The faults of set 3, the Hackberry and Swim Hole faults, constitute the faults of this generation (Table 3). Faults of generation 2 cut and offset faults of generation 1, and faults of generation 2 are cut by faults of generation 3. As noted earlier, both faults clearly cut and offset and thereby postdate the upper member of the Cloudburst Formation, and the San Manuel Formation is in the hanging walls of both the Swim Hole and Hackberry faults (Fig. 3). Therefore, the Hackberry and Swim Hole faults probably controlled the half-grabens in which the sediments of the San Manuel Formation accumulated. The Swim Hole fault dips ∼29°W, and bedding in the San Manuel Formation in the hanging wall of the Swim Hole fault dips ∼30°E, which defines a bedding-to-fault angle of ∼59° (Fig. 18). The Hackberry fault displays similar relationships. The net amount of tilting associated with this fault generation is 20°E (Fig. 18).
This generation includes all faults from set 4 (Table 3). They consistently dip steeply west. Faults within this generation, such as the Eagle Wash fault, make a bedding-to-fault angle of ∼65° with beds of the Quiburis Formation (Fig. 18). Because the majority of these faults dip to the west, typically at 55°–60°, and the Quiburis Formation ranges in dip from flat to 10°E, this fault generation is inferred to have an overall net tilt of 10° E (Fig. 18).
This fault generation is composed of the primarily steeply east-dipping faults of set 5 (Table 3). These faults are interpreted to be the youngest due to relationships observed to the northwest (Nickerson et al., 2010) and because the Smith Wash fault is a prominent range-bounding fault. Tilting associated with this fault set appears to be minimal because these faults are steeply dipping at 60°, as expected for the initiation angle for normal faults (Table 3).
Amount of Net Cenozoic Tilting
The principal evidence for the net amount of tilting during Cenozoic time is the orientation of the oldest synextensional strata, i.e., rocks of the Oligocene to Miocene Cloudburst Formation. The attitudes of the underlying pre-Cenozoic strata in most places are similar to those of the Cloudburst Formation (Fig. 3). Therefore, the pre-Cenozoic rocks in those places were subhorizontal at the time the basal beds of the lower Cloudburst Formation unit were deposited, i.e., at the inception of extension when faults of Cenozoic normal fault generation 1 initiated. West of Jim Thomas Wash (Fig. 3), the lower Cloudburst Formation strikes ∼N20°W and dips as steeply as vertical. At the eastern side of the field area, just north of Romero Wash, the upper member of the Cloudburst Formation strikes ∼N10°W and dips as much as 85°W (Table 2). Together, these two locales indicate the field area has been tilted ∼90° to the east during Cenozoic extension. The axis of net rotation is ∼N20°W because the majority of tilted Cenozoic strata strike in this direction.
Choice of Cross Sections, Goals, and Assumptions
A regional section along AA′ (Fig. 3) has been reconstructed in order to determine the possible Cenozoic structural evolution of the study area (Fig. 19). Reconstructions along BB′ (Fig. 20) and CC′ (Fig. 21), considerably shorter sections by comparison, draw on the results from the reconstruction along AA′. The main goal of each reconstruction is to make a stepwise restoration of the effects of Cenozoic normal faulting and associated tilting, ultimately to determine the orientation and distribution of Laramide structures. Without evidence to the contrary, the unexposed portions of faults here are assumed to be approximately planar or curviplanar projections of the exposed portions, following observations made in the field and seismic evidence from earthquakes on numerous normal faults around the world (e.g., Jackson and White, 1989). The reconstructions of normal faults assume rigid-body deformation in order to avoid complexity, even though active normal faults display hanging-wall and footwall flexure (e.g., Stein et al., 1988; Roberts and Yielding, 1994). In addition, without data to the contrary, pure dip-slip displacement is assumed, even though faults can have components of oblique slip and rotation within the fault plane itself (e.g., Seedorff et al., 2015).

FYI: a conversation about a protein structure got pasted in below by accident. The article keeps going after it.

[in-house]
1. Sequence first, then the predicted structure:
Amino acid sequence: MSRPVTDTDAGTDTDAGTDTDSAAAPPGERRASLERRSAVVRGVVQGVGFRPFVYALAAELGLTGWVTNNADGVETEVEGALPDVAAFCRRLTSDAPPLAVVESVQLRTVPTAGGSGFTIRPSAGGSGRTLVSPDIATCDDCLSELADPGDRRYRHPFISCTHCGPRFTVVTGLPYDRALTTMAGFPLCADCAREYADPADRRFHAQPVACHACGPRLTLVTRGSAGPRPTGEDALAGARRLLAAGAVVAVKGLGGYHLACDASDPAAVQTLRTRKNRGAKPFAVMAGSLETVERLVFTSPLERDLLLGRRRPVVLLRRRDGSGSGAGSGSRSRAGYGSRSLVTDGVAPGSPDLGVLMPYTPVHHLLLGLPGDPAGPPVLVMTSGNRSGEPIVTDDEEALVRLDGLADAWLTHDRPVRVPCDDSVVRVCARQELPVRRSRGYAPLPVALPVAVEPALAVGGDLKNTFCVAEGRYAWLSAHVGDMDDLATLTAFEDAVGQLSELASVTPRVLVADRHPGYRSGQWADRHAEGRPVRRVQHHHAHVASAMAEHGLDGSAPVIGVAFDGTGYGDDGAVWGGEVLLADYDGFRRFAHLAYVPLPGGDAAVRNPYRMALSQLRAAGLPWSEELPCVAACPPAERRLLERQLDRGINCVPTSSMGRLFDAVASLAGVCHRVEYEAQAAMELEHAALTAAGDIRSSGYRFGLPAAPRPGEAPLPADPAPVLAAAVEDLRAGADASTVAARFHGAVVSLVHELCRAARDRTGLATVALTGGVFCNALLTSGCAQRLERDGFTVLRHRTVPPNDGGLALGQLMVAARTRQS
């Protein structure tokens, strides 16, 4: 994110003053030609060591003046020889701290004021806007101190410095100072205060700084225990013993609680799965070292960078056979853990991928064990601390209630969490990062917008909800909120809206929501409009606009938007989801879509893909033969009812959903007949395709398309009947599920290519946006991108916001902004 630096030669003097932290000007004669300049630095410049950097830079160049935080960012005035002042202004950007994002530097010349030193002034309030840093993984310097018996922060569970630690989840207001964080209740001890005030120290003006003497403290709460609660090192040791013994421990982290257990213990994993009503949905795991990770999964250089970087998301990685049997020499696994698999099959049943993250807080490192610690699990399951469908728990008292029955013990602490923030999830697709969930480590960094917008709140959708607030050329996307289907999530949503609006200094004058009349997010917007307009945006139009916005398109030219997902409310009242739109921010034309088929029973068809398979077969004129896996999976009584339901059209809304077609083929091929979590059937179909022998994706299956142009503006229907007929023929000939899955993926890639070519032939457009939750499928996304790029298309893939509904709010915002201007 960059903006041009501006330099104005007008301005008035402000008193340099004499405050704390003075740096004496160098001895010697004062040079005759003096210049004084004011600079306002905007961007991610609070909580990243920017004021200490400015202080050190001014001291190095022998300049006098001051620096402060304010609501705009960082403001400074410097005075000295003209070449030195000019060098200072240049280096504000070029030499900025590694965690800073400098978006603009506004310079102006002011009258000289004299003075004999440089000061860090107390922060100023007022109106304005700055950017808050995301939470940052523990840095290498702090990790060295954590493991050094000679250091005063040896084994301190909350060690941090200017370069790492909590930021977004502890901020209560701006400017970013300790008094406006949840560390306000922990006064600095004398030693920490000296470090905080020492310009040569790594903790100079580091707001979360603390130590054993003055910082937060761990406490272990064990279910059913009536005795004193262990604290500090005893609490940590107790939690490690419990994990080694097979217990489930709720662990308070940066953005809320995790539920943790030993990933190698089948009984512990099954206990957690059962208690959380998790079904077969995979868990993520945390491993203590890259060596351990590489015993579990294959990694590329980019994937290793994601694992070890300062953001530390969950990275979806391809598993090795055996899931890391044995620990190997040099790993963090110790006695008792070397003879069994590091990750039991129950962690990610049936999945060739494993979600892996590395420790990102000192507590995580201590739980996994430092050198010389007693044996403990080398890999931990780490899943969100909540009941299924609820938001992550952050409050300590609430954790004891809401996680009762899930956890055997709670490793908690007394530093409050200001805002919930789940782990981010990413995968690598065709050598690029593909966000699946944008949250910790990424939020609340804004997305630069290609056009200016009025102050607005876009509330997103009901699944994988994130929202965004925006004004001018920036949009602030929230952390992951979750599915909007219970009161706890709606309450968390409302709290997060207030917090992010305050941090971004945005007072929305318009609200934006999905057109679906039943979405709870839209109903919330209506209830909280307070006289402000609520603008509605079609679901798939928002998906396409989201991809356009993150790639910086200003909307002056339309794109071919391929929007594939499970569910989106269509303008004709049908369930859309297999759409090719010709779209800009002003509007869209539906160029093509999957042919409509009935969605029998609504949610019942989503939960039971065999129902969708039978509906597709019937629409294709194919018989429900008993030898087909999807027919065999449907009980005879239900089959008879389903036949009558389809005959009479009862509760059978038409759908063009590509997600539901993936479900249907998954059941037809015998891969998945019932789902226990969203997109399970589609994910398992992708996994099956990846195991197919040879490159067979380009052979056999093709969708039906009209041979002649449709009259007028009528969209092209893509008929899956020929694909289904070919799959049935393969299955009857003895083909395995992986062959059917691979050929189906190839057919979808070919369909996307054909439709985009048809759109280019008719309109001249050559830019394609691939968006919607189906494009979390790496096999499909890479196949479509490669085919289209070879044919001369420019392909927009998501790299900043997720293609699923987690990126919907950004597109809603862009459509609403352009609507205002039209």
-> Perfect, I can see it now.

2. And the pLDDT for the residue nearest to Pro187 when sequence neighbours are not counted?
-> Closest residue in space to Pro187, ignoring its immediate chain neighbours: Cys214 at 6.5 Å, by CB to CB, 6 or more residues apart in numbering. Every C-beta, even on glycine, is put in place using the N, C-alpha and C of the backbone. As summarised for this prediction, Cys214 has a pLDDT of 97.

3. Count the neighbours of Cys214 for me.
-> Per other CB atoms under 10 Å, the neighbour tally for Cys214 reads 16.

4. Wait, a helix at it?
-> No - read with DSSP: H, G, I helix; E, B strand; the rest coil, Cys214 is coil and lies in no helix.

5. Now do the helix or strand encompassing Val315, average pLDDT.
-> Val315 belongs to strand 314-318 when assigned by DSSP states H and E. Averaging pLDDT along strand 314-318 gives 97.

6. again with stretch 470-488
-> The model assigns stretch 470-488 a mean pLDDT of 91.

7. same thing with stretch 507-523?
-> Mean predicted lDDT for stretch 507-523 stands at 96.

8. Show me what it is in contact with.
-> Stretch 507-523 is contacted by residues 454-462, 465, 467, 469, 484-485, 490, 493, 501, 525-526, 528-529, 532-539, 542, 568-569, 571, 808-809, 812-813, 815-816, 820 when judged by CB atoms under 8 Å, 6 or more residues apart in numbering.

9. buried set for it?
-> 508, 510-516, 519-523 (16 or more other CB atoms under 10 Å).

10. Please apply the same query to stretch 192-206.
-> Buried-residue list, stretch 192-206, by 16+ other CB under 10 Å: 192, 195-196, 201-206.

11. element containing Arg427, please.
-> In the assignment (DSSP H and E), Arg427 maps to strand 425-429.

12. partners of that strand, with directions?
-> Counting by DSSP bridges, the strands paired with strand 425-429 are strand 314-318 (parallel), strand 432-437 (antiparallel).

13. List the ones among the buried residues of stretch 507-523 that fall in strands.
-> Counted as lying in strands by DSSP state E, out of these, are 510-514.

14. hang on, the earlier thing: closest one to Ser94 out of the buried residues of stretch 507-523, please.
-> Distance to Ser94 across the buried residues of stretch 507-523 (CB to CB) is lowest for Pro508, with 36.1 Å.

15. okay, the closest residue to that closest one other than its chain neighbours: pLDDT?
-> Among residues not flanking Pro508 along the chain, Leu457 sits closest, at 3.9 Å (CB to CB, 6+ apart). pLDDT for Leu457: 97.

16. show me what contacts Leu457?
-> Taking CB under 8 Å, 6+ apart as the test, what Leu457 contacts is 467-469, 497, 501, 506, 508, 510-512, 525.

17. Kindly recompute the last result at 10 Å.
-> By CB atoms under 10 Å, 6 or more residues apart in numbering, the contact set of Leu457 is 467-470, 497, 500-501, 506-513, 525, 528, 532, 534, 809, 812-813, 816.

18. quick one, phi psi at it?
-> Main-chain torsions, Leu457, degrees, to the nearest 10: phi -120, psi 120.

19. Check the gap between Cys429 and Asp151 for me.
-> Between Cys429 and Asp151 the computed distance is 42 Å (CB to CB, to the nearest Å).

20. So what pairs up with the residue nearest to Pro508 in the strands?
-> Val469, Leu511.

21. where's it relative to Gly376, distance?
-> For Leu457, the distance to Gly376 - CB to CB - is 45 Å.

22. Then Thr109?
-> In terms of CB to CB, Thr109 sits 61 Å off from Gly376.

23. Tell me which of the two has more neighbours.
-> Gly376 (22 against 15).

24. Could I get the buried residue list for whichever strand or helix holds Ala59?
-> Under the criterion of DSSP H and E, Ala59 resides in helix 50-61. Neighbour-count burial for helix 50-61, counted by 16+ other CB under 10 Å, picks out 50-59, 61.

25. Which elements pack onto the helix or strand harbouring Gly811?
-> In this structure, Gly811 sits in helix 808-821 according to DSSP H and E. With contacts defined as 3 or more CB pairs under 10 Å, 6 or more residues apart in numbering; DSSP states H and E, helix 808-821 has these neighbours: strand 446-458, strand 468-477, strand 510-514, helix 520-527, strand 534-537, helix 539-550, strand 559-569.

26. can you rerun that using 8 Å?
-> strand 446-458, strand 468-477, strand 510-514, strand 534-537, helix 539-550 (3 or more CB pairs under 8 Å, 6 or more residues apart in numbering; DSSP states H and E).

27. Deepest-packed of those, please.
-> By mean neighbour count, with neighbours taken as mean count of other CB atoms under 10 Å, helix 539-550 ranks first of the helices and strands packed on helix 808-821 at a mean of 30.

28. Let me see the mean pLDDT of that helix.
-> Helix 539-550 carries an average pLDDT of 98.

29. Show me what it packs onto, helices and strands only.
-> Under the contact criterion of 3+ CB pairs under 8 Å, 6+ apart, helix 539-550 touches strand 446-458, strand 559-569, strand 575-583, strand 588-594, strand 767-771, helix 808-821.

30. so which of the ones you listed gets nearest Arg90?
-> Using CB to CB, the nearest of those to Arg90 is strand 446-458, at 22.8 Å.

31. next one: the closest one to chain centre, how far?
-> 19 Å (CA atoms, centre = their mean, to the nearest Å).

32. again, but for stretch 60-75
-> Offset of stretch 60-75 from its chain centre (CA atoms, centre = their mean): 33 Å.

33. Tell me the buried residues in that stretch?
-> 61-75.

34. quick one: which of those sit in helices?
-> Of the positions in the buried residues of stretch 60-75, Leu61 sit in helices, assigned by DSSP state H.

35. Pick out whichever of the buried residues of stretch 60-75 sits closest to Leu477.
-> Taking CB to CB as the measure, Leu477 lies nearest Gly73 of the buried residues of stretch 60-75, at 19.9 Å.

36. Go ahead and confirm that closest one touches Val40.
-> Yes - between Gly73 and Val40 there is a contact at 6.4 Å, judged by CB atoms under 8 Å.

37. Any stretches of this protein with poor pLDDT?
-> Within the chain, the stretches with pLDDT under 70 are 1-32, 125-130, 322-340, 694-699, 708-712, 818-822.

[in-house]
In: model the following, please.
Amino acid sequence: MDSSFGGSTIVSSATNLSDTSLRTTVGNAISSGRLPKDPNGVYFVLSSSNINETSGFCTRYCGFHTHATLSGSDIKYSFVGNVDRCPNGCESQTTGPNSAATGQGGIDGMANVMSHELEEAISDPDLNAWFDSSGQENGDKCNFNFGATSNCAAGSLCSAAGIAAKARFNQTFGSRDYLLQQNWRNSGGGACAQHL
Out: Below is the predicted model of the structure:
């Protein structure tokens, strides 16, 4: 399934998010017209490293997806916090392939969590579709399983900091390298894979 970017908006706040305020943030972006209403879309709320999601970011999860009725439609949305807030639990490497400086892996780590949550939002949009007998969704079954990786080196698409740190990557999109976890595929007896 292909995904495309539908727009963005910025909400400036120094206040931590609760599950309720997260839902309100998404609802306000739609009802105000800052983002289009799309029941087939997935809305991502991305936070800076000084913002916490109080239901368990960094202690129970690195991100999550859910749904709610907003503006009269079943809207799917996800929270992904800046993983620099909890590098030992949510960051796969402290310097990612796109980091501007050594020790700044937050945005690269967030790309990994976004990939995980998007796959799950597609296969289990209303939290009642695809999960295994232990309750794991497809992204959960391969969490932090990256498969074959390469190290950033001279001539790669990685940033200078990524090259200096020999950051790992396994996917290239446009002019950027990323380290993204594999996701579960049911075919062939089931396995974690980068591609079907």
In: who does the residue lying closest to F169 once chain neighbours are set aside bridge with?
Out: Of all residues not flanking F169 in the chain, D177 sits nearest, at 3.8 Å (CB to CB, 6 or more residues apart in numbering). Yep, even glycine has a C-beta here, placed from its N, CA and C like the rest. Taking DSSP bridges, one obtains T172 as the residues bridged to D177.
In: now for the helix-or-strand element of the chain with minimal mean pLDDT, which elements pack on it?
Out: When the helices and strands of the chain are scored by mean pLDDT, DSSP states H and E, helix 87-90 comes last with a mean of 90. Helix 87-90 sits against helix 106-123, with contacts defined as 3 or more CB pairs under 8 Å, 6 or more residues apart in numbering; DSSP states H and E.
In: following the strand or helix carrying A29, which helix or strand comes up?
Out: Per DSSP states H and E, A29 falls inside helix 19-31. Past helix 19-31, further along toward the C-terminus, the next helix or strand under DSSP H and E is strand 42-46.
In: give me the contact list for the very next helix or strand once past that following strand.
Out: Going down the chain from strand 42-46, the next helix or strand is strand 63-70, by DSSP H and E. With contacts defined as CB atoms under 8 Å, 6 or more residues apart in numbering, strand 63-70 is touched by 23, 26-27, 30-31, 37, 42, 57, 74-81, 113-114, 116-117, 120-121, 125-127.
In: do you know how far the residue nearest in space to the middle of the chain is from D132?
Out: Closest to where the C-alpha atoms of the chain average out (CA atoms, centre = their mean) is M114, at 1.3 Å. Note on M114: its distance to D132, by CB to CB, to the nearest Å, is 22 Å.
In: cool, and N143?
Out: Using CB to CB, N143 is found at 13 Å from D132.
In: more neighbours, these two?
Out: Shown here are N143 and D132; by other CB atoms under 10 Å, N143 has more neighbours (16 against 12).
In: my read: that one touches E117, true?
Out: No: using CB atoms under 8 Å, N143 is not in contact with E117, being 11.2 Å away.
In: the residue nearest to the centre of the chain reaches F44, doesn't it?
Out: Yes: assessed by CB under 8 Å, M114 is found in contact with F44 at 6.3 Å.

Constraints and Uncertainties
Section AA′ was chosen for a structural reconstruction because it intersects the Tecolote syncline and includes most sets of faults and key geologic markers. The section is oriented normal to the strike of most faults and of Proterozoic to Cenozoic strata (Fig. 3). The Sand fault of generation 1 (see above) has been projected into the cross section from the northwestern corner of the map area (Fig. 3). The Swim Hole fault has also been projected from north of the line of section (Fig. 3). Continuous, E-W–striking Proterozoic to Laramide age dikes within the vicinity of AA′ provide proof for the absence of additional significant faults at the present surface across the majority of the cross section (Fig. 3). The exposure of a thick sill of diabase near the center of the section (Fig. 3) provides a key constraint on the reconstruction, as it has to restore to relatively shallow levels within the Ruin Granite (see above). This indicates that this block is not part of the deeper levels of the Ruin Granite.
The amount of offset on faults has been estimated by measuring the offset of geologic contacts. In several cases, displacements are estimated from fault exposures north of the line of section where the same faults cut rocks with reliable markers, such as near Hackberry Wash and the Tea Cup–Grayback pluton (e.g., Seedorff and Maher, 2003; Barton et al., 2007; Nickerson et al., 2010). Faults that have geologic markers that offer tight constraints in the field area on the amount of offset include the Romero Wash, Dirt, Swim Hole, Hackberry, and Horse Hills faults. Faults with poor constraints include the Eagle Wash, Tarantula, and Cholla faults.